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Little boats

Stephen Crowhurst

Senior Member
Been thinking and trying to bribe the wife into the idea of a small boat. We had one when I was a kid but I don’t even remember it and I know it cost a fortune, spent most of its time on the driveway and I think my dad lost that argument... so I’m not really even sure where to start.
What I’d be looking for is something for inshore and harbour work. Something I can potter about and fish from or simply get out and about on. I don’t want a big thing that sits on a trailer or needs a mooring, something I can store down the side of the house on it’s side, that can be put on the a roof rack of the van but can seat 2 adults and a child at a push. Personally I’d be happy with a sea kayak but I’d never get her out on it and then it would just collect dust.
Any advice greatly appreciated, maybe I’m pipe dreaming due to lack of knowledge.
 

Gavin Hoe-Richardson

Senior Member
As a professional mariner I'd say that anything that doesn't require a trailer probably isn't big enough to be in saltwater unless you go down the sea kayak route. A lot of my colleagues are RNLI and spend a disproportionate amount of time collecting people in small boats from inshore waterways.

I've had a few boats on inland rivers, smallest was 10'. Anything on water controlled by C&RT will need to be licensed and insured, away from their areas on non-tidal waters you'll generally need the landowner's permission to use the water.
 

Andrew Burt

Senior Member
I’ve got a 16ft on a trailer and it gets plenty of use. Although you probably don’t need a 16ft I cannot see you getting something to do what you describe that does not need a trailer.
 

Steve Arnold

Senior Member
My Spearfish inflatable kayak might do for the good days. Folds into a smallish package, you can get the boat and outboard into most car boots. Not used mine yet in the sea, but advertised as capable. Check this link https://www.spearfishboats.com/

Spearfish Christened.jpg
 

Steve Arnold

Senior Member
I just mentioned about said boat to the wife. Word for word...
“Are we talking about boats?”
“Yes” I replied.
“I have zero tolerance for boats today Stephen” was the response. I just laughed.
Fortunately I am retired now, and having been without a boat for several years I was surprised when my wife suggested something for the river might be a good idea. The Spearfish fitted the bill and takes up no space in the garage, we have had a fine time discovering the river!

IMG_20180717_110854819_BURST000_COVER_TOP.jpg


Although it was not cheap it is a lot more cost effective than any other boat I have owned. Wonder if my wife could be attracted by a little cabin boat? 😅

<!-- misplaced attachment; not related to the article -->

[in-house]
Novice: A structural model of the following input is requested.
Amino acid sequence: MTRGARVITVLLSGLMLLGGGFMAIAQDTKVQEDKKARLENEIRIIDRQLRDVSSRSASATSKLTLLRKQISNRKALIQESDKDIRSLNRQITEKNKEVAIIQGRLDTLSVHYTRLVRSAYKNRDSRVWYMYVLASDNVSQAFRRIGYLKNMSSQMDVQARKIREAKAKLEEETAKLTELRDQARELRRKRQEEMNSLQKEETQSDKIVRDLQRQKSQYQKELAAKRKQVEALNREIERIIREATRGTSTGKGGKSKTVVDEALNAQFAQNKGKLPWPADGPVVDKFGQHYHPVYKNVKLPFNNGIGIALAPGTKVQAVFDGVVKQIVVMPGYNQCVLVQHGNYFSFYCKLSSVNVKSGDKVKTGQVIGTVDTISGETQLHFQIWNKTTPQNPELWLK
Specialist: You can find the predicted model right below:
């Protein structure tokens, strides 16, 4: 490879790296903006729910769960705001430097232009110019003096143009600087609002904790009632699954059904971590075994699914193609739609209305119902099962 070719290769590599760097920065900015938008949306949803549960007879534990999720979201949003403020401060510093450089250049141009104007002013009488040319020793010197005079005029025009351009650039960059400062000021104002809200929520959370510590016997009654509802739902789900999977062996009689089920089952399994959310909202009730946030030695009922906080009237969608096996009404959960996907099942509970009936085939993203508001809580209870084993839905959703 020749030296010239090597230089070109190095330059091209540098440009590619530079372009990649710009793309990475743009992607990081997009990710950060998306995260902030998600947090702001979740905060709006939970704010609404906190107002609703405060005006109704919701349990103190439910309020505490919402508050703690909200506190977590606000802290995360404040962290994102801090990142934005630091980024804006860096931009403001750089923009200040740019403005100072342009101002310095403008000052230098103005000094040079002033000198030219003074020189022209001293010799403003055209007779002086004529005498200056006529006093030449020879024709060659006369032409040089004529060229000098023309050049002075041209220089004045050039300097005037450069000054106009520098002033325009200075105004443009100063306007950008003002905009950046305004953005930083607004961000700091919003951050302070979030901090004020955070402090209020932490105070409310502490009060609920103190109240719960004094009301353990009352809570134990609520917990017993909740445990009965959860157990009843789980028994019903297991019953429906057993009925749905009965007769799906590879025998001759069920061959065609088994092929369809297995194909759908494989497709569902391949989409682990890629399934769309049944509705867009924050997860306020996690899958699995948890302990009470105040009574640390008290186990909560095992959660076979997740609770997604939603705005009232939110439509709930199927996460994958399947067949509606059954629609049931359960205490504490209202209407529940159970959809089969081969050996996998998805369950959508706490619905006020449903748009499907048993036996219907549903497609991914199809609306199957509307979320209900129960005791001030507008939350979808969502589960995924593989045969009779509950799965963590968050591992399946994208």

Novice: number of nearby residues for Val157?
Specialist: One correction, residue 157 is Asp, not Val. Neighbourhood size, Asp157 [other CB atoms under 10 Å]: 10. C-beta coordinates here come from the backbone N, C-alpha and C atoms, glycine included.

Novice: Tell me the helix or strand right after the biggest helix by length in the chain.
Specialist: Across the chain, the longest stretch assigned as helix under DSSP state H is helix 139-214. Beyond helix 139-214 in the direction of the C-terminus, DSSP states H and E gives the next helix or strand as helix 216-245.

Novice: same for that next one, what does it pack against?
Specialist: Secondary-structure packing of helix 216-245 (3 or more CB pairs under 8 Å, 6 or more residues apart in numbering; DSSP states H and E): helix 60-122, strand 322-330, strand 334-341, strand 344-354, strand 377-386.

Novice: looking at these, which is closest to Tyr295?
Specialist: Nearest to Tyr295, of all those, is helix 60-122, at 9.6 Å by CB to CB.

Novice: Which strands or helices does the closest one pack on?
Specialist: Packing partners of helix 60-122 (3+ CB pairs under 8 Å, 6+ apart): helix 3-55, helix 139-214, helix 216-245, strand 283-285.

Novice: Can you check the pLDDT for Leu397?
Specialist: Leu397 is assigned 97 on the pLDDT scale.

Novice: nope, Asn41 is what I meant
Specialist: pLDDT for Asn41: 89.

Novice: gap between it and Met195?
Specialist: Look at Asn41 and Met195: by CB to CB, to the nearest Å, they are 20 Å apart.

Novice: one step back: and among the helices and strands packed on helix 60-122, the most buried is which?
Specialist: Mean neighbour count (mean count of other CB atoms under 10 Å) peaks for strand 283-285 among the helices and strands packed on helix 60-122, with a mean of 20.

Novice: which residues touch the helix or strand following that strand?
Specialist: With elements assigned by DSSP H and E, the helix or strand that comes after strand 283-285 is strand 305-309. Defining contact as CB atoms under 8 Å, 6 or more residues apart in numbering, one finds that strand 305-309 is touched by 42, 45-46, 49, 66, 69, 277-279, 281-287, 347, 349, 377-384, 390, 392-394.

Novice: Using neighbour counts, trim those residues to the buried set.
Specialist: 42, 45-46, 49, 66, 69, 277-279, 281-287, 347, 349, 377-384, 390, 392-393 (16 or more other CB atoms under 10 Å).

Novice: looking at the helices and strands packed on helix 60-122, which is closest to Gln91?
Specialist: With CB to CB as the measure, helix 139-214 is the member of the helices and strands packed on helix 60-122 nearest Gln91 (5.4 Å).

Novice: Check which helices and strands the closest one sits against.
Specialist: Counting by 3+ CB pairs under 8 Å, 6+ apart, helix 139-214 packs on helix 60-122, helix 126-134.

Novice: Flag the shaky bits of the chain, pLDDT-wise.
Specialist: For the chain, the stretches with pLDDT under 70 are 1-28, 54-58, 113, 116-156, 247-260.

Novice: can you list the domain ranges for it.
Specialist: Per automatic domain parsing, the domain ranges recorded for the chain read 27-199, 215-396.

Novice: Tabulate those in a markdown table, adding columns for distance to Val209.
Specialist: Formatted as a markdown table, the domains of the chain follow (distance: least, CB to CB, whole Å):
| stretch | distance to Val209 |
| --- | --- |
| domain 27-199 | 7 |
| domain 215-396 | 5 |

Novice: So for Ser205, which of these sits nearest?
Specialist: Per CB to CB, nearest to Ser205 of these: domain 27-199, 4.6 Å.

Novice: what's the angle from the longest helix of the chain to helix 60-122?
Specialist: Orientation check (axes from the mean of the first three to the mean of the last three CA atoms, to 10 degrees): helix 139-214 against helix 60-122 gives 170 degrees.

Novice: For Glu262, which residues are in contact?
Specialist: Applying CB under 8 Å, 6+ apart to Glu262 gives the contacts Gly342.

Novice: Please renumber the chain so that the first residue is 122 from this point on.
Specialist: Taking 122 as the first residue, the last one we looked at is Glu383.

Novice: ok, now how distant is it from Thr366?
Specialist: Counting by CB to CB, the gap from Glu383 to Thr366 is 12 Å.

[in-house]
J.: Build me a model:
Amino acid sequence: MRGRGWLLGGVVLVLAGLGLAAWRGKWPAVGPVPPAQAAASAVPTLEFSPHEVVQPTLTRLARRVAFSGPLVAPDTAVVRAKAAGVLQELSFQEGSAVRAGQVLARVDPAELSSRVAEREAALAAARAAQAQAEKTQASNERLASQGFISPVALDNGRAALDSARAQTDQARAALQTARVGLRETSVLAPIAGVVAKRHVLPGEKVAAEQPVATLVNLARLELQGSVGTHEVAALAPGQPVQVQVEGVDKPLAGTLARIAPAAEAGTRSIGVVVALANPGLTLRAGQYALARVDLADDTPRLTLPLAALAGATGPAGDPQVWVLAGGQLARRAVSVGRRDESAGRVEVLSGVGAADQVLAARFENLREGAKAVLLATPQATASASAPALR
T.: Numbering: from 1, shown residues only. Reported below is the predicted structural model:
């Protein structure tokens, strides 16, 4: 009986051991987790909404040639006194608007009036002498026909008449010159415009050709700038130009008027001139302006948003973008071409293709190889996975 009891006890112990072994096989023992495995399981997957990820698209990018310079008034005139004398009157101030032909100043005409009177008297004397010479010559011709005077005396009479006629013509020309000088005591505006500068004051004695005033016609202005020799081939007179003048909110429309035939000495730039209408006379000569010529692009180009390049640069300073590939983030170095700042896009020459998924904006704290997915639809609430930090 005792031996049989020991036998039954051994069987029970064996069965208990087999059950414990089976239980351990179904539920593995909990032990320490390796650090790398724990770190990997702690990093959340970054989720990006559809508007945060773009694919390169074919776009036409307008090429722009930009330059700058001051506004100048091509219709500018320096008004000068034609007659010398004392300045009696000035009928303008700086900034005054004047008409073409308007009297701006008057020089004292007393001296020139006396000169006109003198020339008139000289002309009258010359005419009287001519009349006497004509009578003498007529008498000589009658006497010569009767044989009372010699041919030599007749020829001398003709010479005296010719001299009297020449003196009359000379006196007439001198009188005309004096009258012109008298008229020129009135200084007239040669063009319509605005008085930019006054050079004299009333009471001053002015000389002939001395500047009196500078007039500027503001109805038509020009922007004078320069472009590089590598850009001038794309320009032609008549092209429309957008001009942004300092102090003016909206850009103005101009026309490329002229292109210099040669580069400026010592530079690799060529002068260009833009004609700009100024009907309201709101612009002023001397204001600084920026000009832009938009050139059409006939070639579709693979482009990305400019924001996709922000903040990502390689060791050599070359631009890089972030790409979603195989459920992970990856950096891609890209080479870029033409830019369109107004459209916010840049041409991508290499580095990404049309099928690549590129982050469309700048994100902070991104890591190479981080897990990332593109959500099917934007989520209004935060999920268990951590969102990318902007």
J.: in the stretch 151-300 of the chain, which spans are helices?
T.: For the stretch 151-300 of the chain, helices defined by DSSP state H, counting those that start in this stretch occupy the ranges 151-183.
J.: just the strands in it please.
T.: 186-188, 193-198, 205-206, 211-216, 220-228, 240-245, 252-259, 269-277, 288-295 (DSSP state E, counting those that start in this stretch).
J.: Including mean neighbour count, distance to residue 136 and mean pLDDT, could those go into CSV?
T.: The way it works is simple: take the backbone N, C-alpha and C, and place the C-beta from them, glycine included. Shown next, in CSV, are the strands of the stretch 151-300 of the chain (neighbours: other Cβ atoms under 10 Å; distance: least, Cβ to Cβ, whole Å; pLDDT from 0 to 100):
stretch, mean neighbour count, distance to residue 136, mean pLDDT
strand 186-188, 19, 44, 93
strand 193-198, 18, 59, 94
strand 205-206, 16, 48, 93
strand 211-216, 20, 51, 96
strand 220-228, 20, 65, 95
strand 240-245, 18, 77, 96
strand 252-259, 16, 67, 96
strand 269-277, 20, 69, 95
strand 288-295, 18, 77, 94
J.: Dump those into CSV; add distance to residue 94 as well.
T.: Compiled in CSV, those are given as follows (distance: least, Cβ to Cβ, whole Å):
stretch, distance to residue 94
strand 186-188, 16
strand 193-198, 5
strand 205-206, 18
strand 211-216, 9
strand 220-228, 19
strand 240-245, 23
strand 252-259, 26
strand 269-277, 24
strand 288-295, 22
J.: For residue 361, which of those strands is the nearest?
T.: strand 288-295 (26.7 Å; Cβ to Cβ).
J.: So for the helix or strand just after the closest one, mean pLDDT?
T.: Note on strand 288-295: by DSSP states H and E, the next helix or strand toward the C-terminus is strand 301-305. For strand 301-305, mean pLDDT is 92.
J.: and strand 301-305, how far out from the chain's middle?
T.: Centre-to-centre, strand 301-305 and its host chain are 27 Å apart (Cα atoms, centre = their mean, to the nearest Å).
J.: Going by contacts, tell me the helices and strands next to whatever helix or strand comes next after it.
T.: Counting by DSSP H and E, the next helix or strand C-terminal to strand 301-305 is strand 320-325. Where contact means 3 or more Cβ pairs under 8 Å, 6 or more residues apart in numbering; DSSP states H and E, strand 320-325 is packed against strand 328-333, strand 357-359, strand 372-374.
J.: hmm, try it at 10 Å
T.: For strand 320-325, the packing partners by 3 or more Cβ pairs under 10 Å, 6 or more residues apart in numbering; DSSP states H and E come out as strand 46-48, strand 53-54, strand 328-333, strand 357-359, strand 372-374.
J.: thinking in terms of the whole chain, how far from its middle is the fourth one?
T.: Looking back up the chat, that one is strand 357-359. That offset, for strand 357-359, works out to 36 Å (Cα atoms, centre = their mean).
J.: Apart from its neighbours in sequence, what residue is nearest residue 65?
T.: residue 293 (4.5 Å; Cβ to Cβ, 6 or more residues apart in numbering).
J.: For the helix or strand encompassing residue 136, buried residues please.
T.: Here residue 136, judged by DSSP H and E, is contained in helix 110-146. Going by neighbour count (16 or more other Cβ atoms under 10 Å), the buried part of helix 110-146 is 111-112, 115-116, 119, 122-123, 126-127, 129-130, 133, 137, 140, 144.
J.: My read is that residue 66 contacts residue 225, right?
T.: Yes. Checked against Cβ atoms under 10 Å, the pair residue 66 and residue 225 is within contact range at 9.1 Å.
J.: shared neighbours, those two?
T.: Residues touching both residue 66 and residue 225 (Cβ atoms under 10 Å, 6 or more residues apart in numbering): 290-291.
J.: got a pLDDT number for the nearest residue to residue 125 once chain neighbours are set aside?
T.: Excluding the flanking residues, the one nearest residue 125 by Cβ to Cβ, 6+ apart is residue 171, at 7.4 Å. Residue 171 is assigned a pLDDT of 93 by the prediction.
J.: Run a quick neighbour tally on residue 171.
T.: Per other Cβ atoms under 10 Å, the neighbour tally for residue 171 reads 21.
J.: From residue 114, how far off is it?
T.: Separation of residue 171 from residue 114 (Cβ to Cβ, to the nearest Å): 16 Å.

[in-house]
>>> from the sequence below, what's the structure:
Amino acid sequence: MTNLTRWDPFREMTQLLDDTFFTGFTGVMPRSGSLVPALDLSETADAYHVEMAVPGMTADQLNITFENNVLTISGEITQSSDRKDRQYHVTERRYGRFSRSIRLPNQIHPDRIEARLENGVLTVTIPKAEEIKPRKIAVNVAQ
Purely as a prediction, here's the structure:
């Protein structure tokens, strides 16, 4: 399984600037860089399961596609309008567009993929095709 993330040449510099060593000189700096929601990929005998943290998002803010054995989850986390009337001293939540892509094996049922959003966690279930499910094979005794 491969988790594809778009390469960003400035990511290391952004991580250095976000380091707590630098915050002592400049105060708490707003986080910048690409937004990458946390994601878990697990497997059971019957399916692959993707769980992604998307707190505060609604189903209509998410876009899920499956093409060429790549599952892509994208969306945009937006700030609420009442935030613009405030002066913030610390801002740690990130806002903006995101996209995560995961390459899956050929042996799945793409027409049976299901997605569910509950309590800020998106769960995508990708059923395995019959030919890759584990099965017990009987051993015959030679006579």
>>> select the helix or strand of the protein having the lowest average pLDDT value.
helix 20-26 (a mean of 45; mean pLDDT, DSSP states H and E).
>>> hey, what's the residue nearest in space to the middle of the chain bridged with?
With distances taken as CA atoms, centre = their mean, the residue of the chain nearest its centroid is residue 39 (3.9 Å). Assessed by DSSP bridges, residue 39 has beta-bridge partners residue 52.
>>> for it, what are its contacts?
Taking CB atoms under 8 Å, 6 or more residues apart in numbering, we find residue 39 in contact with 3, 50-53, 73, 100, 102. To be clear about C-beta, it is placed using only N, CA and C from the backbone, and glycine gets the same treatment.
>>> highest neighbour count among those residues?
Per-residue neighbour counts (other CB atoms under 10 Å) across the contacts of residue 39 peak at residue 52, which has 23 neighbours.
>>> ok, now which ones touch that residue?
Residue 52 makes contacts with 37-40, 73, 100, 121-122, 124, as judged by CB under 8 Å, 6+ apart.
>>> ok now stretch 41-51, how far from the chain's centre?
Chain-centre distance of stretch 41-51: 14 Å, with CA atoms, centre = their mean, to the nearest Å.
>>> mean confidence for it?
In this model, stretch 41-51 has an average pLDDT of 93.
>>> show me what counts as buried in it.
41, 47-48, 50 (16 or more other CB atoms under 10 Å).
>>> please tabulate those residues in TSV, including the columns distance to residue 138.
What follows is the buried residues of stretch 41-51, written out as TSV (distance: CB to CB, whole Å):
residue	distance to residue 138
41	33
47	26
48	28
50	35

Steve Arnold

Senior Member
Hi Steve, the Spearfish looks great, is it stable enough to fish from ? How long does it take to inflate ?

It is stable and I have been known to stand and fish in it. Not recommended though, maybe when I was younger it would be safe but my balance can be an unknown quantity these days!

The main deck compartment is inflated to a higher pressure than the tubes. It has internal cross-stitches that then make it almost rigid. Same arrangement as these inflatable paddle boards you see nowadays.

From boot to fully rigged on the water takes me less than 30 minutes. That's outboard (either electric or petrol) fishfinder and rodholder fitted.

IMG_20180710_101931753.jpg


My only gripe with this outfit is I get a bit stiff sitting after a few hours, getting old! But it is excellent as transport along river or lake to find shore spots others will not reach, and then fish there.
 

Nick Coulthurst

Senior Member
If it’s going in the sea it will need a trailer. I started with a 10ft ally car topper but quickly moved onto a 15ft trailered ally boat due to concerns about safety, and I only fish rivers and lakes. I did actually manage to sink my 10ft boat on the river once due to horrendous weather. It was both amusing and scary at the same time. My current boat is rated category C which is ok for inshore work. but it’s not been out yet due to covid. Be warned though, boats eat money.
 

Ady Brayshaw

Senior Member
That’s for that Gavin. The option of inland waterways like rivers and canals isn’t an option locally. It would primarily be around Christchurch and Poole Harbour.
Stephen for Poole Harbour you could 'get away' with a 12 foot sea nymph aluminium. I've been on a friends and its OK for small tidal rivers. You will still need a trailer. Better a 14 foot sea nymph. That takes it to a whole new realm. Kayaks, dependent on age, will probably not be good for the lower back :(. I had a 16 foot Orkney for many years. A good inshore sea boat, and, also in rough weather on the Irish loughs and Lake District waters. Better go larger and fish safer in comfort and confidence.
 
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